Denmark’s contribution to military operations against Muammar Gaddafi’s regime cost the country US$110 million, according to Denmark’s Ministry of Finance.
Denmark was one of the first countries to offer air assets to Operation Unified Protector, the international air campaign to protect Libyan civilians. Its fighter jets participated in the mission from March 20 to September, with six F-16 jets stationed at the Signonella base of the Italian island of Sicily. The detachment there also included a C-130J-30 Hercules tactical transport and a support team of 132 personnel.
The bill produced by the Ministry of Finance covers the seven months of operations, during which Danish F-16s flew 600 missions and dropped more than 900 precision guided munitions against targets that included ammunition depots, strategic military facilities, tanks, rocket launchers and self-propelled artillery.
The US$110 million figure is equivalent to about 2% of Denmark’s US$4.4 billion defence budget for 2011, DefenseNews reports. The final amount for Denmark’s contribution will be higher as the audited figures do not include the restocking of bombs and missiles. The acquisition of bombs, missiles, fuel and spare parts for the F-16s cost US$60 million.
Denmark paid for its contribution to the Libya operation via its regular 2011 military budget and did not receive supplementary funding for the mission, as did countries like Norway.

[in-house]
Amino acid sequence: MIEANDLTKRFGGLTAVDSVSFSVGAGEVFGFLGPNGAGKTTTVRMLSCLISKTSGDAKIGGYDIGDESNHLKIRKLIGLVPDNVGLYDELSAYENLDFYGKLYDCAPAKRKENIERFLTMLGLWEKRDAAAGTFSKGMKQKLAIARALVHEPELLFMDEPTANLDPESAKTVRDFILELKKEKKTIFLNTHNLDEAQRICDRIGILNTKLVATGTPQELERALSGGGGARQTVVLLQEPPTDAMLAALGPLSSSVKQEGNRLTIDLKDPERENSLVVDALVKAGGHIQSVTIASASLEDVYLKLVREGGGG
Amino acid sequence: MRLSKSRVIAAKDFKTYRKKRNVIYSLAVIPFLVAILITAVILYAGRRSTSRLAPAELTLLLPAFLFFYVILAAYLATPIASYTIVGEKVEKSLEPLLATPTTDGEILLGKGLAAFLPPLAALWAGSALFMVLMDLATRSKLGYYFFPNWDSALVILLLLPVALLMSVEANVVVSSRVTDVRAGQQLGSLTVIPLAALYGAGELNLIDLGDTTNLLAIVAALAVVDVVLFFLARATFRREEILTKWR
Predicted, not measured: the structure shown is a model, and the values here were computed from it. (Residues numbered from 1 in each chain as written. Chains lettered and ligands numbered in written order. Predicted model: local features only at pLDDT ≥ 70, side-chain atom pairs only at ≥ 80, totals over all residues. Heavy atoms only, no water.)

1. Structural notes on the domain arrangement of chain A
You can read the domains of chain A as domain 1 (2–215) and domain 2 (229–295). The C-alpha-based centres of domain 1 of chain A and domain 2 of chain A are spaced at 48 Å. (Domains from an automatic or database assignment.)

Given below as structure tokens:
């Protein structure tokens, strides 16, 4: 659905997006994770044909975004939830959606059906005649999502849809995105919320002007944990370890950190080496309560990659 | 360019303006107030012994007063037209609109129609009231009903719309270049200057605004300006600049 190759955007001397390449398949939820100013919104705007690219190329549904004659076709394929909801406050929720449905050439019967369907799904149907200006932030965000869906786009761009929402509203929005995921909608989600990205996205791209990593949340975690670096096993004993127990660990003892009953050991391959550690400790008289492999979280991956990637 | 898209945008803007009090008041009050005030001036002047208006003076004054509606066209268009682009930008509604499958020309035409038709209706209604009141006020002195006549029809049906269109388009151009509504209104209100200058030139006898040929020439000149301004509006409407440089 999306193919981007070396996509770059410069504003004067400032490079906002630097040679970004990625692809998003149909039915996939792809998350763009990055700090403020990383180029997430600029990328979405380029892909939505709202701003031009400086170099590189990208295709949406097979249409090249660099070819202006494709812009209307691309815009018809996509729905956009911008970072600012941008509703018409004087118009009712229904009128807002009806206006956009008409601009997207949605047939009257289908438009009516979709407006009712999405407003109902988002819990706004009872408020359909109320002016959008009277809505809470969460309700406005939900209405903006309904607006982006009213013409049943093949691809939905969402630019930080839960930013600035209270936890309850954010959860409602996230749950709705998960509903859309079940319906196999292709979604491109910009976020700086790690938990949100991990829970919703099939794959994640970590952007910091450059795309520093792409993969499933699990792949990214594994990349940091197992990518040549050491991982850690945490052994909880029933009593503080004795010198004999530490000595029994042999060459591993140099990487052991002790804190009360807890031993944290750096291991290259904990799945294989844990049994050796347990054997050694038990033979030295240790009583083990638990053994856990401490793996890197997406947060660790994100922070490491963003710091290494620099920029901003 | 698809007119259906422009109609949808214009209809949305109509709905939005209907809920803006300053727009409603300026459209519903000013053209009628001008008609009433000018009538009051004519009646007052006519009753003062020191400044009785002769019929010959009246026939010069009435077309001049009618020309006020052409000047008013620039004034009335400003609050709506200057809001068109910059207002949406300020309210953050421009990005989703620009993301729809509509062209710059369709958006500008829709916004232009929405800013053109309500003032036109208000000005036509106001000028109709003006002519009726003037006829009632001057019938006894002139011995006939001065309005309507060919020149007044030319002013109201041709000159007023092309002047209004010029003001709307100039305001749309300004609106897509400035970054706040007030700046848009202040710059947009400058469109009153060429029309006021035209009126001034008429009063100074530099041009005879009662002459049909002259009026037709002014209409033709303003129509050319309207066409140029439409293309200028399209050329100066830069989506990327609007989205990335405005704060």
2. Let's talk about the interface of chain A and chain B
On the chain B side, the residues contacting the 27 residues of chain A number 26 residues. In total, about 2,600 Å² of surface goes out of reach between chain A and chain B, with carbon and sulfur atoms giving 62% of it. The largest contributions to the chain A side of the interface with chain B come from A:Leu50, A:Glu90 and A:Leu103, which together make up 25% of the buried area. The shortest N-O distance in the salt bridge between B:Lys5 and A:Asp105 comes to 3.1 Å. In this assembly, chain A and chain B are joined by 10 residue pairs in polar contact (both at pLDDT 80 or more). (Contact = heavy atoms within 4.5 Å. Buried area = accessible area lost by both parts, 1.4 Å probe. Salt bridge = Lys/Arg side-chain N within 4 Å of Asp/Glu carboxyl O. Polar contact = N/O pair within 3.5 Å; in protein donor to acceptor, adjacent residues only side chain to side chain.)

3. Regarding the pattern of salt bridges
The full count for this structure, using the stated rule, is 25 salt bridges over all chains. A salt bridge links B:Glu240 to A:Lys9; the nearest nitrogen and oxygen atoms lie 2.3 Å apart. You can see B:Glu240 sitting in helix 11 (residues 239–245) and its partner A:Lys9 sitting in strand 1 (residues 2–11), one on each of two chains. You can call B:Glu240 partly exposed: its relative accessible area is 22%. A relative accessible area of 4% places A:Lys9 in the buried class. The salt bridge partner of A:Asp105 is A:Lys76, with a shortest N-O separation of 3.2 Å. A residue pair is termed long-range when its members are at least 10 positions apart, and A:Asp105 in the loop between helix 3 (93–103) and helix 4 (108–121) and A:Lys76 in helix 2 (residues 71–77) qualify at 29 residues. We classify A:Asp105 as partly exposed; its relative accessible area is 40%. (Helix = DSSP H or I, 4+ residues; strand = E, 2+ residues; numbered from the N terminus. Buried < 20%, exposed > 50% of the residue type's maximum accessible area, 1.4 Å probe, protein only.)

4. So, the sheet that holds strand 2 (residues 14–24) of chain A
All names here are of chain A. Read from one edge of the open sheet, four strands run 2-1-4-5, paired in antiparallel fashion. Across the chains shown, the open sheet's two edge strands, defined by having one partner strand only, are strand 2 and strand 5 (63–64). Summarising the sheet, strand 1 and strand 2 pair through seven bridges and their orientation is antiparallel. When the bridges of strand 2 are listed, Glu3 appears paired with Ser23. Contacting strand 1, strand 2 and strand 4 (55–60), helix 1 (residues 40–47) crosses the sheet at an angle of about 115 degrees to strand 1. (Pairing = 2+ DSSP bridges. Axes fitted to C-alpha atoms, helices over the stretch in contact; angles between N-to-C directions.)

Eight NATO allies participated in air strikes against Libya, led by France and Britain. Smaller countries such as Norway and Denmark represented about 12% of the strike force but flew a significantly larger proportion of strike missions.
According to NATO, approximately 8 000 troops and over 260 air assets (fighter aircraft, surveillance and reconnaissance aircraft, air-to-air refuellers, unmanned aerial vehicles and attack helicopters) took part in Operation Unified Protector, together with 21 naval assets (supply ships, frigates, destroyers, submarines, amphibious assault ships and aircraft carriers).
Over 26 500 sorties, including over 9 700 strike sorties were flown during the course of the operation, destroying over 5 900 military targets including over 400 artillery or rocket launchers and over 600 tanks or armoured vehicles.
The mission is estimated to have cost the US Department of Defence US$1.1 billion. The British Ministry of Defence estimates its involvement cost US$480 million, and France expects costs of US$420 million to US$490 million resulting from the mission in Libya.